Read more here:Parfit’s view resembles in some ways the Buddhist view of the self, a fact that was pointed out to him years ago by a professor of Oriental religions. Parfit was delighted by this discovery. He is in the business of searching for universal truths, so to find out that a figure like the Buddha, vastly removed from him by time and space, came independently to a similar conclusion—well, that was extremely reassuring. (Sometime later, he learned that “Reasons and Persons” was being memorized and chanted, along with sutras, by novice monks at a monastery in Tibet.) It is difficult to believe that there is no such thing as an all-or-nothing self—no “deep further fact” beyond the multitude of small psychological facts that make you who you are. Parfit finds that his own belief is unstable—he needs to re-convince himself. Buddha, too, thought that achieving this belief was very hard, though possible with much meditation.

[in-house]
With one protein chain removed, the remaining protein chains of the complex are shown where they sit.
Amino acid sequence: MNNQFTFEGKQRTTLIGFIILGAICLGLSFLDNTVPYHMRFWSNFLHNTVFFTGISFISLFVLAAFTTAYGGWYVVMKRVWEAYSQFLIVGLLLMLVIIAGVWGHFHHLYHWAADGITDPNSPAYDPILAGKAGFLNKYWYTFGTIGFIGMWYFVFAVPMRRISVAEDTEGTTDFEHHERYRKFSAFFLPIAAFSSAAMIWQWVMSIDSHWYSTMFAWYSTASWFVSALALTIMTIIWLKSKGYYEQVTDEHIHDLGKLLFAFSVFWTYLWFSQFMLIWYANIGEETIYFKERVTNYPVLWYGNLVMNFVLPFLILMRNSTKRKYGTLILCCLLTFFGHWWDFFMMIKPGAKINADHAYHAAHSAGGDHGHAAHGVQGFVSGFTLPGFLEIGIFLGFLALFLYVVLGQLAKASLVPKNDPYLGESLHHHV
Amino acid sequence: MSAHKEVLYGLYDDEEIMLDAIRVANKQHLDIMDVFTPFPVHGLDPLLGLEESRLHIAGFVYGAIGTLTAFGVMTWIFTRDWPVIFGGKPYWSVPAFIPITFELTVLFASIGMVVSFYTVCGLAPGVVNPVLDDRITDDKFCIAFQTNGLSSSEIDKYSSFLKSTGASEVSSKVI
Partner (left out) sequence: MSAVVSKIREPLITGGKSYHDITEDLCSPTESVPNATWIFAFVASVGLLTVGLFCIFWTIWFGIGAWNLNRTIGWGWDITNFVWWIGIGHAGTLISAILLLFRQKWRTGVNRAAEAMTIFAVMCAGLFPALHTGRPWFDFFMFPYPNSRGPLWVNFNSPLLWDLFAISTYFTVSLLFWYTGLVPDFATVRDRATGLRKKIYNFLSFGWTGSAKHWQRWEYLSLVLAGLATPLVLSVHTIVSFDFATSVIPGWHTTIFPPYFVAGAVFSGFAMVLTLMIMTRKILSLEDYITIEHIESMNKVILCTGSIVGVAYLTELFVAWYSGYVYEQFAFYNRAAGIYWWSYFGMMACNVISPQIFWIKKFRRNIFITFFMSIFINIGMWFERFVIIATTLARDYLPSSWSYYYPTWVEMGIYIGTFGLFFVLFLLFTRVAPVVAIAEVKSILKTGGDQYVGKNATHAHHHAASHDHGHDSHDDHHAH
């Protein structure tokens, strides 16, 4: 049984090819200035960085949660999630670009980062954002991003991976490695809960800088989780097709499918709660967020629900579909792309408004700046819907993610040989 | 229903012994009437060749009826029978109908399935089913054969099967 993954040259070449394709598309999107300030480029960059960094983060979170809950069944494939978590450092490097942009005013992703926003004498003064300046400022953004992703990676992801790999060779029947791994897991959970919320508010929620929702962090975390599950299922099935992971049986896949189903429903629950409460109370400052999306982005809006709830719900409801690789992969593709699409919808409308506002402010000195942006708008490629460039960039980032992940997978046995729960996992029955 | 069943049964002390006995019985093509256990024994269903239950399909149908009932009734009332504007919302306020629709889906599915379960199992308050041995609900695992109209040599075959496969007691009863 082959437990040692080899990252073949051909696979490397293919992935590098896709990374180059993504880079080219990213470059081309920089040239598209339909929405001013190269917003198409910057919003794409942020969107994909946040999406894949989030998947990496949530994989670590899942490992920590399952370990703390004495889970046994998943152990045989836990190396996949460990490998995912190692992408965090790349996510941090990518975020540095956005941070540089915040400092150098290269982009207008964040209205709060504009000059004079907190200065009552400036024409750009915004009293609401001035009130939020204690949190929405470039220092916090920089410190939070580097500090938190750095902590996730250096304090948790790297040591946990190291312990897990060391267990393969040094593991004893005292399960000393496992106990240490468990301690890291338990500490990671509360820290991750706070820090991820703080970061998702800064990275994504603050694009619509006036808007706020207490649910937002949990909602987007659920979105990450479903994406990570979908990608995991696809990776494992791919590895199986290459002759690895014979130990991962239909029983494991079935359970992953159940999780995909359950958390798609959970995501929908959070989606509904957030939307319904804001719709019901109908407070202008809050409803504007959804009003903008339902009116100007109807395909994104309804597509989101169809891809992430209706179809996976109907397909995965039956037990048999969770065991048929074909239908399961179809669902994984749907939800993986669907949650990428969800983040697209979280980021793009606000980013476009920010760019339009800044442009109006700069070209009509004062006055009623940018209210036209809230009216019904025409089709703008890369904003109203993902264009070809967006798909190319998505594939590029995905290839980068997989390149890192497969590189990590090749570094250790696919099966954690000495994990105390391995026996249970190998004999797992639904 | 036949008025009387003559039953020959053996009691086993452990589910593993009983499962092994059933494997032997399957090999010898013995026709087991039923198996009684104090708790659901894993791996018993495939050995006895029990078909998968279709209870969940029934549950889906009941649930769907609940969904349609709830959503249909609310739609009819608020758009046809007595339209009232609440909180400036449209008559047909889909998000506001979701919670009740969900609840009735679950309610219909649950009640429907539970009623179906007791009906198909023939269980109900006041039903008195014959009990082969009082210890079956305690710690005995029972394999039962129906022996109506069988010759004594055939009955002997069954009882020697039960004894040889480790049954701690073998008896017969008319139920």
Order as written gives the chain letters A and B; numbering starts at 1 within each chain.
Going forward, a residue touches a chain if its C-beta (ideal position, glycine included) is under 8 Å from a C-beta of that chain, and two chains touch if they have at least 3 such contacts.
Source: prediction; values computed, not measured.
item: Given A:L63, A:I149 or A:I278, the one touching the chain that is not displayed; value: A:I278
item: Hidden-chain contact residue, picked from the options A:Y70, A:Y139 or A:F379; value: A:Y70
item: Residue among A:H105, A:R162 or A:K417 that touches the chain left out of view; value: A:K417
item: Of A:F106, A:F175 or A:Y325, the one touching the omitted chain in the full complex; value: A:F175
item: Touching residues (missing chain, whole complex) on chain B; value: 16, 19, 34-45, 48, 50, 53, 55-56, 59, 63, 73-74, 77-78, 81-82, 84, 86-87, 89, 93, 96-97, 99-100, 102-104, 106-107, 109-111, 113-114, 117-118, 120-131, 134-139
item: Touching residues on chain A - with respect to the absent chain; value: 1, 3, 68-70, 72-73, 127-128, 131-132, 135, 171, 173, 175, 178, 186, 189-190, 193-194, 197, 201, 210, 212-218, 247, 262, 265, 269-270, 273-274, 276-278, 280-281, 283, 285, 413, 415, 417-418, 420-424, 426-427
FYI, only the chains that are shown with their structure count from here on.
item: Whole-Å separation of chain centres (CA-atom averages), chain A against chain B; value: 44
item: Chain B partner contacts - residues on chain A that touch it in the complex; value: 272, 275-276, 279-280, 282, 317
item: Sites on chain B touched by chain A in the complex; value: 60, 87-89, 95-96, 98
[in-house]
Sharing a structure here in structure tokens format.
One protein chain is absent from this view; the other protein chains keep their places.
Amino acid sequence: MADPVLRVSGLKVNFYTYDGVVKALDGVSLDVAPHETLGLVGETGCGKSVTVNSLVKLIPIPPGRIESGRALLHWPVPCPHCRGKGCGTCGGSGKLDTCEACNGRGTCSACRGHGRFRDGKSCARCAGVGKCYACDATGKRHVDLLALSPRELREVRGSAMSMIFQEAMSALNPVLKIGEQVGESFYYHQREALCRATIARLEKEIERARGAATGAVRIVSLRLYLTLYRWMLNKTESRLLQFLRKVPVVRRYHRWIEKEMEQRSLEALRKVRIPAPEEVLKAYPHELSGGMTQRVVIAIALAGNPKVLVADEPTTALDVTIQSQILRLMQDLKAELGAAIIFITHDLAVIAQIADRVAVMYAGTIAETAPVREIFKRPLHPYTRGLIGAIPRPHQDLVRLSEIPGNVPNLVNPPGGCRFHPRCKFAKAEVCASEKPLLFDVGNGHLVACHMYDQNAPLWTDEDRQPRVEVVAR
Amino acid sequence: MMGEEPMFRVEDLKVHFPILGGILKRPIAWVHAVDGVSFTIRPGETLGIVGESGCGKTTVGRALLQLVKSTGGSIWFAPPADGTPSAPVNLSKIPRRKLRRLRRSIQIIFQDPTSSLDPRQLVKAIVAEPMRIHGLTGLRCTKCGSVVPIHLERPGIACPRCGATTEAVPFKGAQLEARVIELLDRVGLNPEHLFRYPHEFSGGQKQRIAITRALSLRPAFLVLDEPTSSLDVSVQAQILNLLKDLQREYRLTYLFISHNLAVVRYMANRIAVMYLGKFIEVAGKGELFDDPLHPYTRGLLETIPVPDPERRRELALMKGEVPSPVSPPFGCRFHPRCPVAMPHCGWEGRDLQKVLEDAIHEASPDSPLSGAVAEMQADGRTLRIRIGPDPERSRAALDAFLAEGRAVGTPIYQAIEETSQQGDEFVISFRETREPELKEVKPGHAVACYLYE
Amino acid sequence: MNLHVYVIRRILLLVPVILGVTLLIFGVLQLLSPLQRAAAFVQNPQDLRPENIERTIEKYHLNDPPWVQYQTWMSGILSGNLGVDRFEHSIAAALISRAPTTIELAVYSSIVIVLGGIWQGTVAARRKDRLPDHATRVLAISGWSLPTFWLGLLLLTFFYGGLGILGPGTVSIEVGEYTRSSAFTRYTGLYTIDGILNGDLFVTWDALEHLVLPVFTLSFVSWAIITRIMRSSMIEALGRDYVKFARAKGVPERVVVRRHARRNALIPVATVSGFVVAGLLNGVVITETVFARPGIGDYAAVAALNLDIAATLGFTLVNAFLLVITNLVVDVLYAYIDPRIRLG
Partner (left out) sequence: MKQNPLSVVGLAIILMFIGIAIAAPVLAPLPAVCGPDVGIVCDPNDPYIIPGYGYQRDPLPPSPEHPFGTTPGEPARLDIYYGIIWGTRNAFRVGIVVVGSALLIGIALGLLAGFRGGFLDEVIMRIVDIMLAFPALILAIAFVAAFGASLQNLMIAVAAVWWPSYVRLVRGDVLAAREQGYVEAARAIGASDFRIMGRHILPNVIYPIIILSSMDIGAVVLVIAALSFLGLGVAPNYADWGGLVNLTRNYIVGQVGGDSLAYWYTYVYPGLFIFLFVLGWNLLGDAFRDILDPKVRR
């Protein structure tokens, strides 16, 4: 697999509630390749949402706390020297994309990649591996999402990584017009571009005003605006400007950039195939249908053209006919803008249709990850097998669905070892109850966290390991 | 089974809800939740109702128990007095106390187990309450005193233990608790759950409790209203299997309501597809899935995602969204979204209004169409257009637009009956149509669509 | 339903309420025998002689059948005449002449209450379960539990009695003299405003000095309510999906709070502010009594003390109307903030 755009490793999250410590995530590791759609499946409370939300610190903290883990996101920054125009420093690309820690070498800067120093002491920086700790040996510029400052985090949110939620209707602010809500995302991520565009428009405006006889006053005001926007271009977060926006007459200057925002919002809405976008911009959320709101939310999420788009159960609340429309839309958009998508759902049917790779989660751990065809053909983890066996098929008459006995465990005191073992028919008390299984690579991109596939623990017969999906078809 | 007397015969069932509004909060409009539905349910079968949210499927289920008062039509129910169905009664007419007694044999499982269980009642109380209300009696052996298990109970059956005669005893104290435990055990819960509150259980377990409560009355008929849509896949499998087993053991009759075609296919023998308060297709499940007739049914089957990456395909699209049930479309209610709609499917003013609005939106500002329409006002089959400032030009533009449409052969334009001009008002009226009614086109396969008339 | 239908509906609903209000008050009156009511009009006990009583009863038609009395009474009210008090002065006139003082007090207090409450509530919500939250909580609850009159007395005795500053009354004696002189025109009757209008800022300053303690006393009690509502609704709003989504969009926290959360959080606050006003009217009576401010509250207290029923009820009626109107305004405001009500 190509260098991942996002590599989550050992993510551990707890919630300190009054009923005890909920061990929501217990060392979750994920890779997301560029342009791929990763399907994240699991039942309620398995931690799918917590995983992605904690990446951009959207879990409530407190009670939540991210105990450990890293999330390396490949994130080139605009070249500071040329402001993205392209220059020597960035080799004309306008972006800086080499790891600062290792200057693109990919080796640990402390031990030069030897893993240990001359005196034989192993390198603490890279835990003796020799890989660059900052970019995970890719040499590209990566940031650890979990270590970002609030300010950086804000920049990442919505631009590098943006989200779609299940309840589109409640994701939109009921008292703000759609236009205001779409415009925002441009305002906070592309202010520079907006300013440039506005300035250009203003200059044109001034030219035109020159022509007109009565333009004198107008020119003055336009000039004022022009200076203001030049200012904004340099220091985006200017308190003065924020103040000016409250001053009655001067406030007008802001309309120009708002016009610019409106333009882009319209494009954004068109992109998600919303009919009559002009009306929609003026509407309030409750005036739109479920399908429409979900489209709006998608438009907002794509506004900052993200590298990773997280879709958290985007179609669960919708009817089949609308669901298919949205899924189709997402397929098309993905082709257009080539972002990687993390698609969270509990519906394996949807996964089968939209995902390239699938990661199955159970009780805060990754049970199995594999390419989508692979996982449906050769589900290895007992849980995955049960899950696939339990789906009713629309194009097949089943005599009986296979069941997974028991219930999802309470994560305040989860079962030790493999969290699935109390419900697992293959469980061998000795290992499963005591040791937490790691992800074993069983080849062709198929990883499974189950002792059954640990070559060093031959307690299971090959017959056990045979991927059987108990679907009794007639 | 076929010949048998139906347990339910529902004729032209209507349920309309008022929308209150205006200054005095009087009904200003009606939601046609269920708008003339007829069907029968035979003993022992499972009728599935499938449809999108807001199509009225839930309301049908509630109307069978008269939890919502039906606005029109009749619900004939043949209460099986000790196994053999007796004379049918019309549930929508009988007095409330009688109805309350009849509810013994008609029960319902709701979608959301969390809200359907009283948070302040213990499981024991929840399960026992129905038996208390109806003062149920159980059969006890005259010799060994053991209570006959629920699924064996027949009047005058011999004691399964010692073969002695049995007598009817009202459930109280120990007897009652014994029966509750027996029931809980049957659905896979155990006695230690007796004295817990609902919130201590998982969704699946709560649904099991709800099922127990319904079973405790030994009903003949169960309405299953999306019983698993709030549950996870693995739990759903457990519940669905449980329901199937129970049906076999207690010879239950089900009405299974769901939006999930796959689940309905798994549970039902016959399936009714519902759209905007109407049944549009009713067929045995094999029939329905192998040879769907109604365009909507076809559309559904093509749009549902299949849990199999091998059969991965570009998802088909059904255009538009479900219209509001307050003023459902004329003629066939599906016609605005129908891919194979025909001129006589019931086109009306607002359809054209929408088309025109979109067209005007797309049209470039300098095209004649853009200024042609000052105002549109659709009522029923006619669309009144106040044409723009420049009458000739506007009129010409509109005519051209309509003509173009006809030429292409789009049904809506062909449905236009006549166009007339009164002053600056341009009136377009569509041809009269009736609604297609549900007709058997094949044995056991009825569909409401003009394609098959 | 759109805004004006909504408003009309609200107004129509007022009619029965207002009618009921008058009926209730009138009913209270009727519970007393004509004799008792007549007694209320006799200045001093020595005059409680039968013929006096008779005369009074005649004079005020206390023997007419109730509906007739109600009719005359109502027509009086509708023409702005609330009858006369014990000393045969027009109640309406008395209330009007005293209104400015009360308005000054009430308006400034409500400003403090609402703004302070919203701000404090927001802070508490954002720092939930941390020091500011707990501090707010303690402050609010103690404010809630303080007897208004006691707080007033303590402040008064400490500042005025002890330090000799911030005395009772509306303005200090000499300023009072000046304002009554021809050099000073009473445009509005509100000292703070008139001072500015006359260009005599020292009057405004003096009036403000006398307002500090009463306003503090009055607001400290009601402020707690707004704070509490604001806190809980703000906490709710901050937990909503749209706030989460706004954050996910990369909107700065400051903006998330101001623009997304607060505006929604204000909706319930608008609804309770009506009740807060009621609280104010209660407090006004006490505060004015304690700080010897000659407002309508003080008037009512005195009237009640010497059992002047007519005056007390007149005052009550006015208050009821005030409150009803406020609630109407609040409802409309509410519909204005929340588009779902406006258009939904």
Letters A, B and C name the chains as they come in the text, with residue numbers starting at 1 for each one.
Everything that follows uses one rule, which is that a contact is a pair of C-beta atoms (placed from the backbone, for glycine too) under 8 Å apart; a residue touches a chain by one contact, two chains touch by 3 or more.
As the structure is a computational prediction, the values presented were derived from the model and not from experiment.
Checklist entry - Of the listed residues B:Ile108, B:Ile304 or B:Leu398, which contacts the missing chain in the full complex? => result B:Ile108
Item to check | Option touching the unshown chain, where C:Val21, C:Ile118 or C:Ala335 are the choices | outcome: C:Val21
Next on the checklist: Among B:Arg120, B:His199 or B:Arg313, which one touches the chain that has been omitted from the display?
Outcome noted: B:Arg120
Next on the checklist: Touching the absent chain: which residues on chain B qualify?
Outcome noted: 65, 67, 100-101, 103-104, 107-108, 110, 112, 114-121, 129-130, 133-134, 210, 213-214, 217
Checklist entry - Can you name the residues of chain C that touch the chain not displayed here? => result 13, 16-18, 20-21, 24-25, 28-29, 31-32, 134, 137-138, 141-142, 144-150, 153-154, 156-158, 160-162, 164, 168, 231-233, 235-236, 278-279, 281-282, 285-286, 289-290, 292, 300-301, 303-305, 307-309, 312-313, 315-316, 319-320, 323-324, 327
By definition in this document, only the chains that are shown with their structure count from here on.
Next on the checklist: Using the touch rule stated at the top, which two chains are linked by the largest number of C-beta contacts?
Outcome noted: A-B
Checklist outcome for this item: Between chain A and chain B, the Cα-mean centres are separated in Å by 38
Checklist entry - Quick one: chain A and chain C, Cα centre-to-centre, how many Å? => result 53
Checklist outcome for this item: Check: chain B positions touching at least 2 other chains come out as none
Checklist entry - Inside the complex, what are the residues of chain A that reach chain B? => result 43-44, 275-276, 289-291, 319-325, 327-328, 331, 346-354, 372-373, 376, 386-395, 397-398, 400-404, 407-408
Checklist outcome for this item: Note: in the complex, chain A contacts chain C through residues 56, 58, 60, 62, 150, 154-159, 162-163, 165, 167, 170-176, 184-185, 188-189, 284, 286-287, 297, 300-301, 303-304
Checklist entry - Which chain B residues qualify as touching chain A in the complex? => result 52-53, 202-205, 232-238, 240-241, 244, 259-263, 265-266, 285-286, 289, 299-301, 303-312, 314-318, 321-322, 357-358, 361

http://www.newyorker.com/magazine/2011/ ... to-be-good